Eowyn (pronounced A-o-win; her Mom named her after a character in The Lord of the Rings) Ivey came to Fireside Books about seven years ago after working as a reporter with the local newspaper for nine years. She’d had the realization that her heart wasn’t in journalism and that she wanted to work more closely with fiction and literature. “I asked myself ‘If I could work anywhere else in our community, where it would it be?’ Ivey says. Fireside, which was a relatively new independent bookstore at the time, was the first spot that came to mind. Ivey was already a regular customer, and when she went in to apply, co-owners David Cheezem and Melissa Behnke told her that, coincidentally, they had just recently decided they needed a full-time employee. “It felt very serendipitous,” Ivey says.
Ivey’s novel, The Snow Child, will be published in February by Reagan Arthur Books/Little, Brown & Co. She talked with us about the double life she leads as an author and a bookseller.
What’s it like working at Fireside? Fireside Books is on main street in Palmer, a quaint and kind of artsy small town with a farming background. When I come in Saturday morning, I brew the coffee. (Our motto is “good books, bad coffee” but it is actually pretty good.) I turn on some Putumayo jazz or folk music. The bookstore is small and packed full, but neat and organized. It somehow manages to feel both cozy and light and airy. The floors and shelves are a golden, varnished wood, and customers who come in say it smells wonderful—like books and fresh brewed coffee.
Usually within minutes of turning on the OPEN sign, a few of my favorite customers come in, like the older man who swaps stories with me about gardening and snowstorms and old-time Alaska. Then a new customer will arrive, like the woman who, when I asked if she needed help finding anything, said “That’s what I love about a bookstore. If you knew what you were looking for, you’d miss out on half the fun.”
For the rest of the day, I receive new books, shelve, alphabetize, process and clean used books that customers bring in for credit, help people find and order books, answer phone calls, arrange the weekly Indie Bound bestseller display, banter with the customers and my co-workers. Fireside Books attracts some of the more interesting, thoughtful, diverse people in our community. It is not unusual for several conversations to be going on at once—two teenagers in the young adult section talking about a new manga series, the owner and a customer standing near the counter discussing poetry and politics, two women from the same book club in the bestseller section choosing their next pick, and a mom reading a picture book to her little boy in the children’s section. It is a very stimulating, joyful place to be.
Sometimes Alaska feels like another wilder country to us here in the lower states—and, as testament to that, there’s your engaging list of ‘Hateful Things‘ on a recent blog post, which you wrote, you acknowledge, to balance out the wondrous things you usually write about your home state. It makes me wonder what hateful and wondrous things you’d say about bookselling in the last frontier. Oh, this is great! I had so much fun writing that blog post. I can’t say these are exclusive to Alaska, however.
* Strippable returns – hateful, hateful things!
* One welcomes a customer through the door, only to have the person petulantly hold out a Kindle and demand “Why isn’t this thing working?” Which is apparently the fault of the local, independent bookstore. Oh, the oblivious discourtesy!
* New editions with movie covers.
* The notion among some smallish children that it would be helpful if they pushed all of the books to the back of the shelves.
* One politely accepts a resume from a potential applicant, only to have the person suddenly look up and ask “Wait, which store am I at?”
* A book that the computer says is in stock but, despite much searching on one’s part, does not appear in the front window display until after the customer has gotten in her car and driven to an Anchorage store. The book becomes a hateful thing, regardless of the title.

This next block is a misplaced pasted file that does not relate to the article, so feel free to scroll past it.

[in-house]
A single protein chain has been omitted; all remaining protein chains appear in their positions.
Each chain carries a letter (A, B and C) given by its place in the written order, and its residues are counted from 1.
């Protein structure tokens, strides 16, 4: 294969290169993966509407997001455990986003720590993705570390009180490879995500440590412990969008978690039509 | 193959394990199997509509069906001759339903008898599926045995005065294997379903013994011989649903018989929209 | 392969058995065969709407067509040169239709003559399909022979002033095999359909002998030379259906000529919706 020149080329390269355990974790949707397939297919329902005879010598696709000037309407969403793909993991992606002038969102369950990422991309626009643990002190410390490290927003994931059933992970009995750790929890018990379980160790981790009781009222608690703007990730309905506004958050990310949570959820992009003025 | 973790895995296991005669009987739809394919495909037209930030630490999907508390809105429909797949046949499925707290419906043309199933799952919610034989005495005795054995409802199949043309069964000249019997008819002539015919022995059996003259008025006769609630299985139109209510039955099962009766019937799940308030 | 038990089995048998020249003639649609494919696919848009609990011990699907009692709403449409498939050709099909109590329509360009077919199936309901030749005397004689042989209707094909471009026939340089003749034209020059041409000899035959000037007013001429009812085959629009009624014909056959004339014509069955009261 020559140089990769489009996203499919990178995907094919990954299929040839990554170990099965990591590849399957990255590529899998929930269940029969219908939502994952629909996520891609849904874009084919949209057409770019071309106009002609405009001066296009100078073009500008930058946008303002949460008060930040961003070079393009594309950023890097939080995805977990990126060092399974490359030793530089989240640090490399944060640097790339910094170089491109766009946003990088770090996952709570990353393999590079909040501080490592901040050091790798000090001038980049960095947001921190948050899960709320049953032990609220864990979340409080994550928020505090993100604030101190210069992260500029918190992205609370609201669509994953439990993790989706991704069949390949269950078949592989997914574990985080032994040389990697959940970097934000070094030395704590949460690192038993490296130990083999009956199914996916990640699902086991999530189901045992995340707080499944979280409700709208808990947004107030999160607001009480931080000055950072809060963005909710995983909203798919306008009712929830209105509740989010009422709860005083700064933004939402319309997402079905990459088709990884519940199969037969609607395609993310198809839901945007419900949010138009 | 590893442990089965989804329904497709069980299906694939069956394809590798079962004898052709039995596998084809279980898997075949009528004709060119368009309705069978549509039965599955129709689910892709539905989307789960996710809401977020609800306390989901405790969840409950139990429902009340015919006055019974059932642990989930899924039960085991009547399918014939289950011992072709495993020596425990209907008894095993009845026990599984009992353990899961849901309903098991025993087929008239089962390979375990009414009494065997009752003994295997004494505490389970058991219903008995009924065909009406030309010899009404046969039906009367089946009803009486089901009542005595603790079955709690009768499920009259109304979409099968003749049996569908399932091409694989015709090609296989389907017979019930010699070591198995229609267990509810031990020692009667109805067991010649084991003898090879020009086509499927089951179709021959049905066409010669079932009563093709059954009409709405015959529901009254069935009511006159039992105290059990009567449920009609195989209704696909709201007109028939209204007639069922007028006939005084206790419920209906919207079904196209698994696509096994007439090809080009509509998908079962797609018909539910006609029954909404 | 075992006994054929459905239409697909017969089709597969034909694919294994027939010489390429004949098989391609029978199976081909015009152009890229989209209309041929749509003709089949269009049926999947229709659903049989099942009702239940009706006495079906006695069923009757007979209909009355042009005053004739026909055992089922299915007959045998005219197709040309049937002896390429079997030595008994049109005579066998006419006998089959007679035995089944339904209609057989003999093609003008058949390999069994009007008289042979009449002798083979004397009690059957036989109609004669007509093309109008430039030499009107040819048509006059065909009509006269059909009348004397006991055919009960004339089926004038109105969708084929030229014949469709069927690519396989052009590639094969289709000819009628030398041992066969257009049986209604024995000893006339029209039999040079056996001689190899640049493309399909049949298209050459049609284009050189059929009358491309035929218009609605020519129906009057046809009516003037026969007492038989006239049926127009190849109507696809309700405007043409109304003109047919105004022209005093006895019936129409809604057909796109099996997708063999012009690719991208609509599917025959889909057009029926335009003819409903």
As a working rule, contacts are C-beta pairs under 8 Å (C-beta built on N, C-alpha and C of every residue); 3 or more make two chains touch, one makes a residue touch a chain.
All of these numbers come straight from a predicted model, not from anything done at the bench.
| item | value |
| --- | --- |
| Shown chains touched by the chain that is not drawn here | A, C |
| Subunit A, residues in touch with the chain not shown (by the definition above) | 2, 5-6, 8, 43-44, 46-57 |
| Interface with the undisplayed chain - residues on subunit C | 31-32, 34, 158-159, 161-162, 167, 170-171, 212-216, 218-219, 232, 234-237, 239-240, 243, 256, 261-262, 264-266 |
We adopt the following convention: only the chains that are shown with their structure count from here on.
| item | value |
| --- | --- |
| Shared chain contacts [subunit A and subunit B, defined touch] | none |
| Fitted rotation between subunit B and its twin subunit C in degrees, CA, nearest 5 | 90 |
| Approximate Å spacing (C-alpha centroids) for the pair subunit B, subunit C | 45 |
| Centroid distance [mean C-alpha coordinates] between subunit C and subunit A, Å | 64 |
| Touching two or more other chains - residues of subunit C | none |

* Ordering too many of the wrong title and not enough of the right one. Detestable!
* A grandmother presents one with the vaguest information: Her 10-year-old grandson wants the fifth book in a series. She knows not the author or title or even a few words from any of the titles. All she knows is it isn’t about dragons. Could it be The Last Olympian in the Percy Jackson series? “That’s it!” exclaims the customer, and one has to refrain from seeking a high five from the elderly woman.
* The extreme good taste of one’s customers, as displayed by the IndieBound bestseller lists.
* An author event in which all but two books sell, and the next day a customer comes in and says, “I’m so sorry I missed it. I need a copy for myself and my neighbor. Are there any left?”
* One recommends a favorite book (The Brief Wondrous Life of Oscar Wao) to an avid reader who never likes anything. Several weeks later, one is crossing a street in town when the reader yells from a passing car “I loved it!”
* A customer buys her first book of poetry after discovering Jane Hirshfield’s poetry on a rafting trip.
* One man inquires after a certain Tom Clancy book just as another customer brings that exact title in for used credit. (It actually happened!)
* ARCs. Glorious, abundant ARCs.
* Employee discount.
We’d love to hear your handsell for your forthcoming novel, if you want to practice on us. Here’s the funny thing: I LOVE handselling books. It’s something I take some pride in, being able to match people with a great read. Fantastic titles such as The Green Age of Asher Witherow and Tinkers would have gone unnoticed in our store if we didn’t literally take them off the shelf and hand them to our favorite customers. And yet . . . the thought of handselling my own book makes me want to hide under the counter; I have this sort of innate discomfort with self-promotion. But it’s something I’m trying to get over, because I am really excited about The Snow Child and can’t wait to share it with readers.
I based The Snow Child on a Russian fairy tale about an old man and old woman who cannot have a child of their own and so build one out of snow. When she comes to life, their wish seems to have been answered. While this sounds like a fantastical story, the novel is very grounded in the Alaska wilderness where I grew up. There’s this interesting contrast of an ethereal, fairy-tale child, and the beauty and brutality of life on a homestead. I’ve been fortunate to already have some wonderful reviews and endorsements. It’s been described as dazzling and enchanting, unnerving and honest. Robert Goolrick, the author of A Reliable Wife said, “If Willa Cather and Gabriel García Marquéz had collaborated on a book, The Snow Child would be it.”
Whew. I guess I can come out from under the counter now.
So The Snow Child is like the Alaskan love child of Gabriel García Marquéz and Willa Cather? I think you buried the lead there! I guess I did bury the lead. It still takes me a few sentences to build up to those grandly self-promoting lines. I physically cringe when I repeat it, not because I’m not incredibly flattered, but because it makes me so uncomfortable.